Thursday, May 1st, 2014
Tradition and romance have won South Australian custom jeweller EverettBrookes the Best Large Jewellery Retailer prize at the inaugural Jewellery Industry Awards.

The awards were judged by a panel of experts including celebrity jeweller Ann Middleton and President of the Gemmological Association Katrina Marchioni.

At just five years old, EverettBrookes has been able to grow rapidly by introducing innovations to the market, handcrafting jewellery for over 10,000 customers using traditional tools in full view at the firm’s Gawler Place workshop.

Engagement rings are the most popular item, say founders Ian Brookes and David Everett.  Each ring is made from nothing to the finished product, with couples involved in the whole process, from design to manufacture. The master jewellers invite the couple to make their own engagement bands, under supervision, handling tools used by the jewellery trade for over 1 thousand years.

“We invite the guys to be involved and tell their own story about making their engagement ring,” says Ian.  “It’s a great experience for us and adds to the romance of the occasion. They are intimately involved not just in the design process but in part of the manufacture of their rings.”

Not only are the rings guaranteed forever, satisfaction is guaranteed.

“If you or your partner don’t like the ring, we will make it again for nothing,” Ian said. “Our customers become evangelists for what we do.”

Ian and David have known each other since they were 17 (in the 1980s) when they started out working for a necklace manufacturer. Both had a fascination for the true craft of jewellery making.

“Even then, traditional jewellery apprenticeships were rare unless you were part of a family business,” David said. “Now it is a dying art and to have a jeweller on premise is almost unheard of. You won’t find a jeweller at Tiffany’s any more, unless you’re at the New York store.”

As they proceeded through their careers, working for some of Adelaide’s top jewellery families, they remained friends, watching as the trade veered towards mass production, with most of the jewellery available in Adelaide today factory-made and imported from overseas.

It wasn’t till six years ago that they discussed their love of traditional methods and decided that they would go ahead to found EverettBrookes.

In their five years in business, they have lost none of their passion, if anything their love for craftsmanship has grown.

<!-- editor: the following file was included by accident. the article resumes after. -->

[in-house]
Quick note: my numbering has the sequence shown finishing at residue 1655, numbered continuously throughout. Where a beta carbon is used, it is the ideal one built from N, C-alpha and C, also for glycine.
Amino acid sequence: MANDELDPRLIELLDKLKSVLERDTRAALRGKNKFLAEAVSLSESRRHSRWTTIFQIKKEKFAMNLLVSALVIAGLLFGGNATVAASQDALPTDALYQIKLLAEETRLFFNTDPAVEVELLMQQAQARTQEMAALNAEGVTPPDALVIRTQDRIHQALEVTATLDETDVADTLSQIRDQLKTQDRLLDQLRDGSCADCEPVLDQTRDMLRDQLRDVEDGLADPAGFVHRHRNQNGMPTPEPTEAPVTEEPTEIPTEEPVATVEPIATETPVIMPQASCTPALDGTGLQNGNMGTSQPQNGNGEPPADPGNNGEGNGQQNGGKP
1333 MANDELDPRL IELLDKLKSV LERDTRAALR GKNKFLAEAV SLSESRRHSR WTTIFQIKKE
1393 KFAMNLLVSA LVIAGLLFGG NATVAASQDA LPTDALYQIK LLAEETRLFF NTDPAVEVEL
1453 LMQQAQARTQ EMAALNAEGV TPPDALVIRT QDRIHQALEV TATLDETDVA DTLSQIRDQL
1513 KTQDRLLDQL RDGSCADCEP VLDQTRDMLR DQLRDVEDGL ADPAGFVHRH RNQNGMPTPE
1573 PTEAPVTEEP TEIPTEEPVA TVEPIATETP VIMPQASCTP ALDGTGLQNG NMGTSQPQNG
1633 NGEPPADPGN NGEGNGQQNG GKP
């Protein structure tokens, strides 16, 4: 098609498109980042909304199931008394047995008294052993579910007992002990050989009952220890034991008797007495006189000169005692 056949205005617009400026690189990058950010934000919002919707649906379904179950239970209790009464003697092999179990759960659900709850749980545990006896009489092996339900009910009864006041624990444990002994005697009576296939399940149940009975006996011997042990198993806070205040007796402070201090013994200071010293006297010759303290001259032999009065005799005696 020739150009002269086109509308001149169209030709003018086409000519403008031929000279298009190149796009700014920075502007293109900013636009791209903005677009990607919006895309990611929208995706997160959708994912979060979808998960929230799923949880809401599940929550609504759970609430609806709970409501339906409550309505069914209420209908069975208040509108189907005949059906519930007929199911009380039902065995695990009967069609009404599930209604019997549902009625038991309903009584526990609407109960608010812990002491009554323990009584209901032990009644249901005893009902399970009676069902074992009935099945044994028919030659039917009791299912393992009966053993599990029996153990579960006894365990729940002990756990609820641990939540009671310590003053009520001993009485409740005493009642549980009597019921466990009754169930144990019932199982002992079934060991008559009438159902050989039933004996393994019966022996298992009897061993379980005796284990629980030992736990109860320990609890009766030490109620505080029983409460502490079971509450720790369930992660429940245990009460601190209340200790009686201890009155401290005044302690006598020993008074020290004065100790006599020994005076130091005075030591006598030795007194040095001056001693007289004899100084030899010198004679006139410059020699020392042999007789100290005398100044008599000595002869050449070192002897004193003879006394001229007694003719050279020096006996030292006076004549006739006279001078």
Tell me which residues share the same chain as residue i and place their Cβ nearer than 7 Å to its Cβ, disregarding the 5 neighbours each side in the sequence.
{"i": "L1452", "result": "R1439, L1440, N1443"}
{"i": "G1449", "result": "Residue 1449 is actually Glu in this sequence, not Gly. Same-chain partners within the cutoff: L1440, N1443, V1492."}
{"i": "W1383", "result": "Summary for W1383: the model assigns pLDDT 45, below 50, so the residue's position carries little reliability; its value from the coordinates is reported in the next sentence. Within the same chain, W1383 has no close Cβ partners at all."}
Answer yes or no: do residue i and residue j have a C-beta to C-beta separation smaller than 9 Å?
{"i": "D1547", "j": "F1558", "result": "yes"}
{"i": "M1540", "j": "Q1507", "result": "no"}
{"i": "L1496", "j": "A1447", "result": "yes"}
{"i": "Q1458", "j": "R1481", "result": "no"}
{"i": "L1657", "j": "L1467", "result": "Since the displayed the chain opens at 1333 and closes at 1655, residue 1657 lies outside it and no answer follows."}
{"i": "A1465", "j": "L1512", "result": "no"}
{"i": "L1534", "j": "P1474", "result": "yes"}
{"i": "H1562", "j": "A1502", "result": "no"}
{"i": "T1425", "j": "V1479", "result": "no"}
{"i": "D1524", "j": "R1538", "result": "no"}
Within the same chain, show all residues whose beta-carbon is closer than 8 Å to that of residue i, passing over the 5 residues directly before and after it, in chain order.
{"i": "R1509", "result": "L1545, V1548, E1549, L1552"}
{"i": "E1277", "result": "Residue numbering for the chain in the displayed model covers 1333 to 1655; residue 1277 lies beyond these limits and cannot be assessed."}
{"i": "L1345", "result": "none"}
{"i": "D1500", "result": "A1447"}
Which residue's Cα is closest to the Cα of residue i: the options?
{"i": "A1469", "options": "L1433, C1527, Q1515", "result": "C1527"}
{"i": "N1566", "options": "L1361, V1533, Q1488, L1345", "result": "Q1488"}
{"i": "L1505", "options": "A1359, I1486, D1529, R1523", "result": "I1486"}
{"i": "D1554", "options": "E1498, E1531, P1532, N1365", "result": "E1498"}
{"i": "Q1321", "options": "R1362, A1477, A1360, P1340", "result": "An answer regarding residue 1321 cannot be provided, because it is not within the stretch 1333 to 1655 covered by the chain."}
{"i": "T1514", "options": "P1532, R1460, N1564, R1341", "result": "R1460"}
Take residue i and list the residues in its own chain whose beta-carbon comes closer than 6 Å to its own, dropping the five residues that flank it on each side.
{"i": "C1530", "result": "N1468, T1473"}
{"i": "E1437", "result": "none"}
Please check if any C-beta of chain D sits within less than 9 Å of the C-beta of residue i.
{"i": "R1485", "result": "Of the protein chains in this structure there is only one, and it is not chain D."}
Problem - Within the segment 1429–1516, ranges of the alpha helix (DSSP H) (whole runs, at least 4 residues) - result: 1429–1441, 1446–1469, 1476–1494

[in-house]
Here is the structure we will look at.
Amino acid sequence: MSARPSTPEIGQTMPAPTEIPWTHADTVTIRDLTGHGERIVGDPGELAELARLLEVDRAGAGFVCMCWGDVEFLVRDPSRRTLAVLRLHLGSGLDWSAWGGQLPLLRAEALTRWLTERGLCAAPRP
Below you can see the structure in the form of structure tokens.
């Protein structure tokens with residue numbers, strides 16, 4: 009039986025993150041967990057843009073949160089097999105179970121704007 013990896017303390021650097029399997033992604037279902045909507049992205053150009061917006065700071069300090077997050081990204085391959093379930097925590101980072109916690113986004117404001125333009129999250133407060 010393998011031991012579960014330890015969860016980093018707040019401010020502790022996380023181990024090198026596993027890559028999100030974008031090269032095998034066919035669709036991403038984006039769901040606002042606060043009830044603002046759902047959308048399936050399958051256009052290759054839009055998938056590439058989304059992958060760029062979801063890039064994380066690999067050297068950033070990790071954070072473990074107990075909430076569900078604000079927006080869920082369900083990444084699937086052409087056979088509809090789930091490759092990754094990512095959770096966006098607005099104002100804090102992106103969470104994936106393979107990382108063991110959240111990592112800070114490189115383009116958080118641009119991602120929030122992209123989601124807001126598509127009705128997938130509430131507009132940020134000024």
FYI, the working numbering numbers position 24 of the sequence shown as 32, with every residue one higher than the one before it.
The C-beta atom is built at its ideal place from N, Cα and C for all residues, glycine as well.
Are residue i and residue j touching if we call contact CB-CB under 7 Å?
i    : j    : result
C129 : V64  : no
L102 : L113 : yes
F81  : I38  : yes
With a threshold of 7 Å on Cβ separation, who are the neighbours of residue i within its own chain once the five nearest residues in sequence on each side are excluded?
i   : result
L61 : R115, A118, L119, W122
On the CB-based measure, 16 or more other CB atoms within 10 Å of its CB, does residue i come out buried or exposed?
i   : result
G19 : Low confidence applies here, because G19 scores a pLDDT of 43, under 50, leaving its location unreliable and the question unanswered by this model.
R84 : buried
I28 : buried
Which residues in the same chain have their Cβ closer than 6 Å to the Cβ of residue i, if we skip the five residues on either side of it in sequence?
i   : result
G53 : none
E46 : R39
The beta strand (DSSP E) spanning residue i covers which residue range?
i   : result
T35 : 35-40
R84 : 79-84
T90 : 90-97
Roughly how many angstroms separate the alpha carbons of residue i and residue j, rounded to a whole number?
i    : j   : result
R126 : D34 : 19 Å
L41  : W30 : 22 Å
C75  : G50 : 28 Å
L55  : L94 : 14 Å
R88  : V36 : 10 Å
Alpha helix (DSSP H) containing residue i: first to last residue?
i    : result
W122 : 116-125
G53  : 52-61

“Our customers say they choose us because we really care about getting the perfect ring for them,” Ian said. “And we have the joy of working on what are effectively works of art every day.”

Along with every type of gold and other precious metals they have introduced novel materials such as wood and cement, in particular used to give men’s rings an organic look.

“A lot of our designs are cutting edge – we tackle jobs that others say can’t be done,” David said.

Customers are encouraged to design their own rings, with the process of choosing the right stone taking the longest.

“There’s such a range in colour and clarity and this is such an important purchase, we allow people to ponder over the details.”

Customers who want to participate in the manufacturing process use a classic range of hand tools, in processes that are today unique to EverettBrookes in the Australian market.  

“The customer will do the rough rolling and shaping of the metals and we get them involved in hammering, bending, filing and sawing,” David said. “The whole process is photographed, giving the couple something that can be cherished for years – the story of their romance that can be handed down to children and grandchildren.”

The awards judges also made mention of the firm’s other innovations, such as an effective social media presence and an on-premise liquor licence.

“This means we can serve a glass of champagne and we regularly hold charity nights for groups where we provide drinks and nibbles,” David said. “We show the process of traditional jewellery making, people get to handle the raw materials. We don’t charge and proceeds the organisers collect go to their chosen charity.”

Around 50 percent of engagement ring shoppers come in as a couple, the other 50 percent are surprise purchases.

“Our customers don’t need to be scared they might end up with a ring their partner might not like as we will rebuild it straight away,” said David.

The team exhibits at country field days throughout the State, making the service available to regional customers, who often drop by the shop when they’re in town.

“With online sales, we say ‘bring it on’,” Ian added. “What we do is unique – we feel lucky that we work directly with our customers and they are part of the design process.

“A couple proposed in the shop once and we’ve had customers in tears because they’ve been so happy with the rings they’ve selected.

“The reason they’ve come with us is that they know we care about their rings as much as they do.”

About the Jewellery Industry Awards

The inaugural Jewellery Industry Awards were conceived to celebrate the contribution of individuals and businesses in the retail industry.  Nominations in all categories opened on November 1, 2013, and entries were submitted in their hundreds.

Judging the awards were an independent panel of highly respected experts:

Coleby Nicholson – Editor, Jeweller Magazine; Katrina Marchioni – President, Gemmological Association of Australia; Deb Templar – Australian Retail Marketing Specialist; and Ann Middleton – OAM, Diamonds International Award Winner. Judges details:



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